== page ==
COURTESY OF THE OLSEN FAMILY
Spc. Toby Olsen, 28, formerly of Mililani, shown here with sister Tanya, was killed Saturday in Iraq.
Mililani graduate dies in Iraq attack
Army Spc. Toby Olsen nurtured dream of being an artist
A former Mililani resident died Saturday in Iraq, one of four soldiers killed when an improvised explosive device detonated near their Army Humvee in Karma.
Army Spc. Toby Olsen, 28, a 1997 graduate of Mililani High School, is the 128th person with Hawaii ties to be killed in Iraq since the war began in March 2003. He was based in Fort Richardson, Alaska, and deployed to Iraq in October with the 3rd Battalion, 509 Infantry (Airborne) Regiment, 4th Brigade Combat Team, 25th Infantry Division.
Olsen's death came 13 days after he returned to the war zone from a two-week holiday visit with his family in Germany, said his uncle, Robert Olsen of Mililani. Toby Olsen's father, Army Col. James "Mike" Olsen, is an ophthalmologist at the U.S. Army Hospital in Heidelberg. It was the first time Toby, his father, mother Lis and sister Tanya were together since he joined the Army in late 2005, said Robert Olsen.
In a message to his family before he returned to war from his Christmas leave, Toby Olsen wrote that he planned to pursue his dream of being an artist, saying, "I now conform to ideas instead of imagine, and destroy instead of create."
COURTESY OF THE OLSEN FAMILY
Spc. Toby Olsen is shown in a holiday photo with his father James "Mike", sister Tanya and mother Lis. Olsen, 28, of Man- chester, N.H., grew up in Mililani. He died Saturday in Iraq.
He had "a newfound level of respect for the freedoms I once had," he wrote. "Hope I live long enough to enjoy them again."
Robert Olsen said: "Toby was here for junior high and high school, then he went off to school at the Savannah College of Art (and Design) in Georgia. He definitely intended to return to Hawaii to teach art.
"He was reserved, but when he knew you, a friendly, witty guy. He was more of an artist, poet, philosopher," said Robert Olsen. "We couldn't understand him taking the path (the Army). He was trying to make ends meet; it was something to give him a further education."
Robert Olsen said his nephew's best friend, a member of the same Alaska-based unit, was killed while Toby was on holiday leave, the 3,000th American victim of the Iraq war. He was Spc. Dustin Donica, 22, of Spring, Texas.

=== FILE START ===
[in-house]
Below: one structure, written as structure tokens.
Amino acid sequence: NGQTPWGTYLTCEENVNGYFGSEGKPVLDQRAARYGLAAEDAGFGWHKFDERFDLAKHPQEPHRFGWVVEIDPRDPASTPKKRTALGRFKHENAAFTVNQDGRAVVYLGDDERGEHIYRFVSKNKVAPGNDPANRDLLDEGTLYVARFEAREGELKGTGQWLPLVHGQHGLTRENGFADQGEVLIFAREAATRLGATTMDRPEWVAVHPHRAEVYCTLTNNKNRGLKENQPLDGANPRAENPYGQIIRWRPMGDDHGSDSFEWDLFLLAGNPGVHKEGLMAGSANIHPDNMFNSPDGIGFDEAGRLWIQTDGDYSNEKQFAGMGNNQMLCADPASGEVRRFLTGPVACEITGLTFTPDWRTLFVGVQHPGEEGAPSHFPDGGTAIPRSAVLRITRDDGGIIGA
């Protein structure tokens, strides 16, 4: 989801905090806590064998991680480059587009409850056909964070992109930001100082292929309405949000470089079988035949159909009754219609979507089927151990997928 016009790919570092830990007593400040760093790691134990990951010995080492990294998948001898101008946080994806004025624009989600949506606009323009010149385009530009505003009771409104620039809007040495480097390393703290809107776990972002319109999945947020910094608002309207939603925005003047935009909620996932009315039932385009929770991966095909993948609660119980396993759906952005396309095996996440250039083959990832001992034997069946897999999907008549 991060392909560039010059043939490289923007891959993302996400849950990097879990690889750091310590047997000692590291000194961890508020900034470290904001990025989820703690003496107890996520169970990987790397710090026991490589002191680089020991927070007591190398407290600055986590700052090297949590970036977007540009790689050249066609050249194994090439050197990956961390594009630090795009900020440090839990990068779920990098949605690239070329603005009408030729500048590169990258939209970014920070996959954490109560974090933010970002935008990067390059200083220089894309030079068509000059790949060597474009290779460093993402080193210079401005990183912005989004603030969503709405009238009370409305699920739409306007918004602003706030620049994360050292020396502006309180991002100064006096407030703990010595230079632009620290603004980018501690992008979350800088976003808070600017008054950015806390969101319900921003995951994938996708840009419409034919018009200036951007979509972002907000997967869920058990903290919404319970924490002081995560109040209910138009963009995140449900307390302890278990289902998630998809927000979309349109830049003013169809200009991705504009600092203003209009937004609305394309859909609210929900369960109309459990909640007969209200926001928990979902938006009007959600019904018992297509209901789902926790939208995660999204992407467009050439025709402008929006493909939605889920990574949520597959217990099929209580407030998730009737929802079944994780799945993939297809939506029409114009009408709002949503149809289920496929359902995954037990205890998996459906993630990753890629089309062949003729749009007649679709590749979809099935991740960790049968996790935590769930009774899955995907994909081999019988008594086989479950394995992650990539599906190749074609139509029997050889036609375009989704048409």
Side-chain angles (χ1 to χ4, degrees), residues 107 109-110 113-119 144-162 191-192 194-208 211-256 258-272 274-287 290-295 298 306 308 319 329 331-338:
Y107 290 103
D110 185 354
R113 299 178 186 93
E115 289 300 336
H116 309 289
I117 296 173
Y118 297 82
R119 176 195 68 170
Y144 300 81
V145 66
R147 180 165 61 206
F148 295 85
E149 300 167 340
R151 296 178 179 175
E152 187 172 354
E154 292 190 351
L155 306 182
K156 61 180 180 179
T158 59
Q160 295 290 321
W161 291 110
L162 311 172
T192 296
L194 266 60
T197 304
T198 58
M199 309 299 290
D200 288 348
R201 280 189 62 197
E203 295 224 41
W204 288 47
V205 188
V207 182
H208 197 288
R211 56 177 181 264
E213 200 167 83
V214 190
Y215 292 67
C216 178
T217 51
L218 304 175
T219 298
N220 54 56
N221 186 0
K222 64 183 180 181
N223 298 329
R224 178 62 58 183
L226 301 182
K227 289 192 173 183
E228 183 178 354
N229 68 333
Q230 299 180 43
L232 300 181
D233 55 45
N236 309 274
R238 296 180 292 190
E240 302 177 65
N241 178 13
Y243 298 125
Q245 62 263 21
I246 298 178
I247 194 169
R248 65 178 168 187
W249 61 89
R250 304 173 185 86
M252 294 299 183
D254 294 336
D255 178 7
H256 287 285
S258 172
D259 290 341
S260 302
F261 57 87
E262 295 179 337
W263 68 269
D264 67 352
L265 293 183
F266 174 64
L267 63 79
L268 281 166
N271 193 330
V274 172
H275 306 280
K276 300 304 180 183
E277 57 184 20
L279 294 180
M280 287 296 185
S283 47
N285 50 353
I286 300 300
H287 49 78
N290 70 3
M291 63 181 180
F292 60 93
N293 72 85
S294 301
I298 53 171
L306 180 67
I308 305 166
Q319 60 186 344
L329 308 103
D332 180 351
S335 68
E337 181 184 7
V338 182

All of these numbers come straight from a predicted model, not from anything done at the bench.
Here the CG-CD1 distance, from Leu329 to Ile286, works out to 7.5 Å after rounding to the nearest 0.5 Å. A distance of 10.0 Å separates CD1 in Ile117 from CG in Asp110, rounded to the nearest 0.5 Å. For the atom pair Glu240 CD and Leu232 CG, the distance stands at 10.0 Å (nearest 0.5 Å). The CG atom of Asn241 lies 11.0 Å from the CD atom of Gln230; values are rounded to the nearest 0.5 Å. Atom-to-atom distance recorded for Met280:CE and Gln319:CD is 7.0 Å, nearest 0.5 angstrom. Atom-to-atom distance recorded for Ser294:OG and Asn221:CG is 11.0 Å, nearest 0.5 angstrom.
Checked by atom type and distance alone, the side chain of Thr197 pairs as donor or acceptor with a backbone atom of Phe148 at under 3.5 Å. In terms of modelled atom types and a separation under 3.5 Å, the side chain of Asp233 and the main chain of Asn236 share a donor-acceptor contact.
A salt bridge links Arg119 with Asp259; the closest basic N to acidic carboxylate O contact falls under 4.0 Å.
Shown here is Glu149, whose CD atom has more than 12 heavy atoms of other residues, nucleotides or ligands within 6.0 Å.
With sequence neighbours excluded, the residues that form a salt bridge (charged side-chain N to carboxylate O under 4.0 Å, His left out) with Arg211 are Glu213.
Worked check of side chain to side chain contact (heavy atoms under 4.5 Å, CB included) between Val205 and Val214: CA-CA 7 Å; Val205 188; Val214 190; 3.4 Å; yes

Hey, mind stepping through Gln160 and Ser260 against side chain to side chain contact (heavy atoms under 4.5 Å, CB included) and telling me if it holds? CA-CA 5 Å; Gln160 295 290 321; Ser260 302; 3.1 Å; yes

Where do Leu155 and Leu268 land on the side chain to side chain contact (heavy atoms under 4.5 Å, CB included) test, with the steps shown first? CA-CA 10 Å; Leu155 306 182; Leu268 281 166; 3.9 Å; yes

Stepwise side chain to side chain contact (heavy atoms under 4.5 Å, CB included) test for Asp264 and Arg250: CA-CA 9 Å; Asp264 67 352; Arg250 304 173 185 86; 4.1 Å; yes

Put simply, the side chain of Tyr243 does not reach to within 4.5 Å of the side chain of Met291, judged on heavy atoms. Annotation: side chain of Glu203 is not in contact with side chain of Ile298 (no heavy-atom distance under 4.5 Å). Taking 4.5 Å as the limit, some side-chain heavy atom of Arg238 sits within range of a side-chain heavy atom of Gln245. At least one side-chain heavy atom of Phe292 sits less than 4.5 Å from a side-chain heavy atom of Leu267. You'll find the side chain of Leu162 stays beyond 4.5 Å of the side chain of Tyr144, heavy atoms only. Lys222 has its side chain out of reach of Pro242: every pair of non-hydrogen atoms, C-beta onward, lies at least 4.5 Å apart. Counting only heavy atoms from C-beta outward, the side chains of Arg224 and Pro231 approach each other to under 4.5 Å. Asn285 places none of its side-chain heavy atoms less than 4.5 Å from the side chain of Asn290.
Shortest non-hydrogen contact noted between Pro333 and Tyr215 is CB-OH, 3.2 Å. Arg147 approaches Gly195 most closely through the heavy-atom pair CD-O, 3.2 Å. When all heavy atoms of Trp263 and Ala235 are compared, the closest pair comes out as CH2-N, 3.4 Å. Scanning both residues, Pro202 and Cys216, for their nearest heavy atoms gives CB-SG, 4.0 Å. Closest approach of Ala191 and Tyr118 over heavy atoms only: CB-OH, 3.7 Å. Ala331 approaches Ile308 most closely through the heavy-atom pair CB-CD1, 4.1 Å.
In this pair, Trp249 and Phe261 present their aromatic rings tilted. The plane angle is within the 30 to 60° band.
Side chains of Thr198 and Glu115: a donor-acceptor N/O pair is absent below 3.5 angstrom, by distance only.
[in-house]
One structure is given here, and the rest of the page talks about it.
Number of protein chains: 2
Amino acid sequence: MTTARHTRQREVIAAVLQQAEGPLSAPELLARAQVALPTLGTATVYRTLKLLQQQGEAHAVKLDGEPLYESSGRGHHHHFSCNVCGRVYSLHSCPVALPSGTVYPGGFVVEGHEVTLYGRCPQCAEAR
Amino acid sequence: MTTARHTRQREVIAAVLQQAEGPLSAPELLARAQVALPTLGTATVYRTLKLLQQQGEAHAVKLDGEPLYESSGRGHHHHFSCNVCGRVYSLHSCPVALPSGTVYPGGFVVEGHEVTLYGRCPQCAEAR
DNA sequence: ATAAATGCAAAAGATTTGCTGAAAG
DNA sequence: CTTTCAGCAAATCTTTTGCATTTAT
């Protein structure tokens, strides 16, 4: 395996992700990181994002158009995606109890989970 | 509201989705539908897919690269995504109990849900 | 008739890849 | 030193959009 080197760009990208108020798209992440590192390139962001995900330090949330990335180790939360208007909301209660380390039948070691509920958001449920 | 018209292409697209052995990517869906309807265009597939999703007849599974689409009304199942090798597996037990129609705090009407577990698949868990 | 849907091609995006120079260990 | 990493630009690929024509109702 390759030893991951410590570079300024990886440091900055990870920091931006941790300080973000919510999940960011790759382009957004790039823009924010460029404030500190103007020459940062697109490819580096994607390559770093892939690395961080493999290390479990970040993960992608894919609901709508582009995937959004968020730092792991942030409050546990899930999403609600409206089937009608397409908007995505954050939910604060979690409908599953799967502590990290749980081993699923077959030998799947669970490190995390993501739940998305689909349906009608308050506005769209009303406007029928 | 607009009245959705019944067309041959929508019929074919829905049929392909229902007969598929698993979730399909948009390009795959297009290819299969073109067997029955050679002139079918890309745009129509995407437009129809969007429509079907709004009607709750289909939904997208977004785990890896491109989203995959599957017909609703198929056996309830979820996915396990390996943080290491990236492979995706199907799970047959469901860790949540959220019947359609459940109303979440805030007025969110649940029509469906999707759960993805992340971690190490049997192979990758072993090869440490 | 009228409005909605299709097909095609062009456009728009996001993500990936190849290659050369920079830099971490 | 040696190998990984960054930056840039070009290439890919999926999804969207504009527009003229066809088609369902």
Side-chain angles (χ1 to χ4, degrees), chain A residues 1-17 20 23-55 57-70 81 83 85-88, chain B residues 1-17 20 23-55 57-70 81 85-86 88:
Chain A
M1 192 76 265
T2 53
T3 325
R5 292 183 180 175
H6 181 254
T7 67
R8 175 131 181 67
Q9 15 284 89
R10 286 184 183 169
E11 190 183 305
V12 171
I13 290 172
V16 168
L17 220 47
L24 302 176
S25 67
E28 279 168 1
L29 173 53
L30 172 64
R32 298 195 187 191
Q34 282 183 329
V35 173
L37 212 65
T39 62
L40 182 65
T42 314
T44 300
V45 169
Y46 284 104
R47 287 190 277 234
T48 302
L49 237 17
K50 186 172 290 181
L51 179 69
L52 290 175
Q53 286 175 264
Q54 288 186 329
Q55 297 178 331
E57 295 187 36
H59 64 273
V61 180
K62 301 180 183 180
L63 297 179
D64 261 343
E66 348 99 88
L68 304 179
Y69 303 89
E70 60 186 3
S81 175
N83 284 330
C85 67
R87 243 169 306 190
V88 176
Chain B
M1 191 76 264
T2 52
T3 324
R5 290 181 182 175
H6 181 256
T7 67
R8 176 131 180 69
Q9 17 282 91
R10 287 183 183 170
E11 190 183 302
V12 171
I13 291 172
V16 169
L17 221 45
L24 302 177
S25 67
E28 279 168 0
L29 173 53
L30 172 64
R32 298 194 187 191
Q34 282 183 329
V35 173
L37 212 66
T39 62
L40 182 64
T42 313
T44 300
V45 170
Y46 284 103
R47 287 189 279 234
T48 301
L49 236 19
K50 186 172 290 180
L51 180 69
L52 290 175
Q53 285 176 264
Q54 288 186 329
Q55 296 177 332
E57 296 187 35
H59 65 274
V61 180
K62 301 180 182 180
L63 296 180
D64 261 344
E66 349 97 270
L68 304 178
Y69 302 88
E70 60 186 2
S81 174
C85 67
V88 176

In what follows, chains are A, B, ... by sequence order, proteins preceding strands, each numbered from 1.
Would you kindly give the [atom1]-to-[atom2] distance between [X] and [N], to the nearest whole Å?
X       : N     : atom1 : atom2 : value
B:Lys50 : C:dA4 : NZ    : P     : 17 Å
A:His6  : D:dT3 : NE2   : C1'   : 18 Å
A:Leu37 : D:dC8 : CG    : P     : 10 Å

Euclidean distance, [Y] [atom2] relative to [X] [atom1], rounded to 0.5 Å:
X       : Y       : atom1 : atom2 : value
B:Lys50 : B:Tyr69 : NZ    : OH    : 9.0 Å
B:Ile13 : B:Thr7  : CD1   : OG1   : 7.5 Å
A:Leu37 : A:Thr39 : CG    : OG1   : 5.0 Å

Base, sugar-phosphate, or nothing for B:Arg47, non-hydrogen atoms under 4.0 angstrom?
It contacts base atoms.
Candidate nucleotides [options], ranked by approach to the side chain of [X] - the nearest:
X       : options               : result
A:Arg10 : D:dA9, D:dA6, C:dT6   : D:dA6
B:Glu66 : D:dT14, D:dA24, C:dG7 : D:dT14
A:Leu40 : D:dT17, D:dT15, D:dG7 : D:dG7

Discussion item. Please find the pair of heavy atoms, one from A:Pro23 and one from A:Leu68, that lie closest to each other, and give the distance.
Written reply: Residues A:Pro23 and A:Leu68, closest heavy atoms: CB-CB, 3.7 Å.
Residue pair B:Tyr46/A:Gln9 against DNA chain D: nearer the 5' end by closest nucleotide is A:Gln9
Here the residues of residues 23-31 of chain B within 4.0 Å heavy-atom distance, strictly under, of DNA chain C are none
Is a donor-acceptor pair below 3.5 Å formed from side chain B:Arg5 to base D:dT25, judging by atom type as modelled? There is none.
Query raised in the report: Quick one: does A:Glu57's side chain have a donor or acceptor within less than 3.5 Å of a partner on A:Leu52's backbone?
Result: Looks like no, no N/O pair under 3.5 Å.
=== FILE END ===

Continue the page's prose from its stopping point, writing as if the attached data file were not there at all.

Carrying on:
Toby Olsen is the grandson of John C. and Hiroko Olsen of Wahiawa. His survivors include uncles Robert of Hawaii and John of Texas, and aunt Sharla Beil of San Francisco.
The Army announcement of the Jan. 20 deaths listed Olsen as a resident of Manchester, N.H. Also killed in the explosion were Sgt. Sean P. Fennerty, 25, of Corvallis, Ore.; Sgt. Phillip D. McNeill, 22, of Sunrise, Fla.; and Spc. Jeffrey D. Bisson, 22, of Vista, Calif.
Soldier was driven by creative expression
Army Spc. Toby Olsen wrote about his desire to return to a creative life as an artist. In a message to relatives when he returned to the Iraq battle zone, he wrote:
"Happiness, in the broadest scope of the word, encompasses the feelings which personally give us as individuals fulfillment and joy to that which just takes the pain away for a little while. I believe in life, you need contrast too. I think you can't be truly happy until you have been truly unhappy.
"I am an artist, I strive to create and enjoy almost nothing more than to sit having all the time and freedom in the world and create. I hit a point in life where though my art wasn't fulfilling anymore, it felt empty. I suddenly had too much freedom and too much time, so took the most opposite direction I legally could with my life: I joined the Army.
"Now my time is run by the minute; there is almost no room for creativity. I now conform to ideas instead of imagine, and destroy instead of create. The contrast thus far has led to a strong resurgence of my former drives and desire to create, as well as a newfound level of respect for the freedoms I once had.
"Hope I live long enough to enjoy them again."